How to make inferences (not assumptions) on the SAT/ACT Reading sections

In the Reading section of the SAT and ACT, some of the trickiest questions occur when students are asked to make inferences about the content of a passage or an author’s intent. These questions can be tricky because the student must use the text as a foundation from which to draw a conclusion. Doing this combines comprehension of the text with sound logical principles, which is something rarely taught or practiced in schools. At ArborBridge, we make sure to equip our students with the necessary tools and approaches to tackle these questions.

Infer, but do not assume.

Assumptions and inferences both involve going beyond what is actually written in a passage. An assumption, however, is more flimsy and thus more likely to be wrong. An inference will be rooted in evidence and be the most logical conclusion that can be drawn from the available information.

Consider the following statement:

“I’m going to the grocery store.”

Based on this statement, it’s tempting to automatically assume that the speaker will go to the store in order to buy groceries, because that’s why people usually go to a grocery store. We make the assumption that the speaker will purchase something. While it’s possible that the speaker is going merely to browse, experience and logic tell us that this assumption is probably true.

However, “probably true” is not a high enough degree of certainty to comfortably and decisively pick an answer to a question on the SAT Reading section. We need additional evidence because it’s possible that the speaker is going to the store not to buy groceries but to use the ATM, to meet with a friend, etc. Therefore, it is not a valid inference to say that the speaker is going to get groceries; we can only credibly say that the speaker is going to the grocery store for some reason.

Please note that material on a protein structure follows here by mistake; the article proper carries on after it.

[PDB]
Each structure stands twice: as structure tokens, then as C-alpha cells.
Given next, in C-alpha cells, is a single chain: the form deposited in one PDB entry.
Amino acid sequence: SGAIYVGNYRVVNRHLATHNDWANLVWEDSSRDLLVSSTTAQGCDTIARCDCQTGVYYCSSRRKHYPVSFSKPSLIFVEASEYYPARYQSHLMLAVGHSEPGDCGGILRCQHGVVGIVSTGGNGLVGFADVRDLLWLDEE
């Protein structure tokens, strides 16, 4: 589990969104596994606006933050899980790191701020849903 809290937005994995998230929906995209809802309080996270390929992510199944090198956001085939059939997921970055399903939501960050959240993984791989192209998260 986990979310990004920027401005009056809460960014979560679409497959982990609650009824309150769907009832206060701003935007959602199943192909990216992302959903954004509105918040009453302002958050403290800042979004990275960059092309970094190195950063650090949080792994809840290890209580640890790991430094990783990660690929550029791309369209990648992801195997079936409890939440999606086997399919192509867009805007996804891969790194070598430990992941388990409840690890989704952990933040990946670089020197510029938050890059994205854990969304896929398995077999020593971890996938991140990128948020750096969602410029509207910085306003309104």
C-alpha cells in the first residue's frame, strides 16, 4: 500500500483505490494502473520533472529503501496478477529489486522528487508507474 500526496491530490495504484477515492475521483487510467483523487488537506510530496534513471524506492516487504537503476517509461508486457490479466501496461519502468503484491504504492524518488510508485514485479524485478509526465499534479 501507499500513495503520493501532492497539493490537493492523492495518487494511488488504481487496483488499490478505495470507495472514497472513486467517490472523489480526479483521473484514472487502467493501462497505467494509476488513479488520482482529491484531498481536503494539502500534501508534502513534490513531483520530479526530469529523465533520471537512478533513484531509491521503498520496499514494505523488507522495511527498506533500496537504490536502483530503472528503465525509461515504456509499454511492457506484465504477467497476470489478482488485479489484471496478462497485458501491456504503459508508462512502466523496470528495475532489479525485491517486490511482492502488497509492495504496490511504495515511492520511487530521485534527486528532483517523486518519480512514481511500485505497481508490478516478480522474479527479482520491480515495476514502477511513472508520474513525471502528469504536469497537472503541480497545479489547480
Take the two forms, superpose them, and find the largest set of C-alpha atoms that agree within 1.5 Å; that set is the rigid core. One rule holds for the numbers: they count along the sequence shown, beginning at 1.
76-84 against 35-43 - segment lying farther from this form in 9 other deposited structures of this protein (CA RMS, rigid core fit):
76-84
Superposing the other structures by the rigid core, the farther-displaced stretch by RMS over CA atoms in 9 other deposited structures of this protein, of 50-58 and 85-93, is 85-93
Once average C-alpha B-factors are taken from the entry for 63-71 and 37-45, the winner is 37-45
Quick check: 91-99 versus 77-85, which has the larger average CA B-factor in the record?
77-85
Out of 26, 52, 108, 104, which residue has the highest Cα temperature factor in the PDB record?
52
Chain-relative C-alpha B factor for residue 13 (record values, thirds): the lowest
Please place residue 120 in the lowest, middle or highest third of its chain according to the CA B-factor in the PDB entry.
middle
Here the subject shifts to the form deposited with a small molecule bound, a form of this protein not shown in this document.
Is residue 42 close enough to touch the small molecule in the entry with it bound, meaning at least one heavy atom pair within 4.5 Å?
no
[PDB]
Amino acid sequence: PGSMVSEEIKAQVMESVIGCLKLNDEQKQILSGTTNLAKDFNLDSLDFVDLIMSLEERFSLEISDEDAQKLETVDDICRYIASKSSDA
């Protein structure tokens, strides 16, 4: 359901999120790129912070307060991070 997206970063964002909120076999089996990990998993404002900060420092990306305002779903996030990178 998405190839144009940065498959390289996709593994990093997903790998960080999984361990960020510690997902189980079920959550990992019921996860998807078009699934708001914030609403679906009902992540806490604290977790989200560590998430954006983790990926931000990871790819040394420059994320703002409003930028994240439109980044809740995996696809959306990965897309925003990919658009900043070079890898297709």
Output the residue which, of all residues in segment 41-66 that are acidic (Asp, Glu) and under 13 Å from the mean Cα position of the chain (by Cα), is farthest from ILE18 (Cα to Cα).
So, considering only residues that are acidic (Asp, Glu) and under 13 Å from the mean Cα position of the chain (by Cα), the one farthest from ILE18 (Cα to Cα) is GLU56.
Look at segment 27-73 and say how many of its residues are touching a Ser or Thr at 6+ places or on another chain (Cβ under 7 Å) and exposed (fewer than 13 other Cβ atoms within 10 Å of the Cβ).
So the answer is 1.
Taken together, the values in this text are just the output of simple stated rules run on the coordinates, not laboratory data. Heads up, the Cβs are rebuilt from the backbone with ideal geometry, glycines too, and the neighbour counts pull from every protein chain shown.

Now, consider this similar statement:

“I’m going to the grocery store. We’re out of milk, and I want some cereal, as well.”

The speaker explicitly states three things: that she is heading to the store, that there is no more milk, and that she wants some cereal. In this case, we can infer that the speaker is likely to purchase some milk (because there is currently no milk and because the speaker wants cereal, which pairs with milk) and cereal while she is at the grocery store. These are inferences, not mere assumptions, because there is more evidence for these conclusions, making them more logically sound than the assumption we mentioned earlier.

Be careful.

For our purposes, any inference you make on the Reading section must still be rooted in the text. You must see explicitly-stated evidence that allows you to make a valid inference. One common trap that students fall into is to make an inference that is too flimsy or too much of a stretch. Ask yourself, “is there an alternative explanation that is consistent with the text?” If so, think twice about using that inference as the grounds for answering the question.

Now that you know what a valid inference is, you are much better equipped to deal with these questions in the future. Just make sure that any conclusions drawn are rooted in the text, which is always the ultimate authority for its respective questions.

Need more individualized advice?

The recommendations above are general suggestions. If you have specific questions about your individual test prep plans, reach out to our experts here. We’re happy to help in any way we can.

About ArborBridge

ArborBridge is the global leader in innovative, digital, one-on-one tutoring. With nearly a decade of experience teaching students online, ArborBridge supports students of all kinds: home schoolers, AP students, test preppers, and more. Our tutors specialize in creating personalized plans and in providing compassionate support for students and families.

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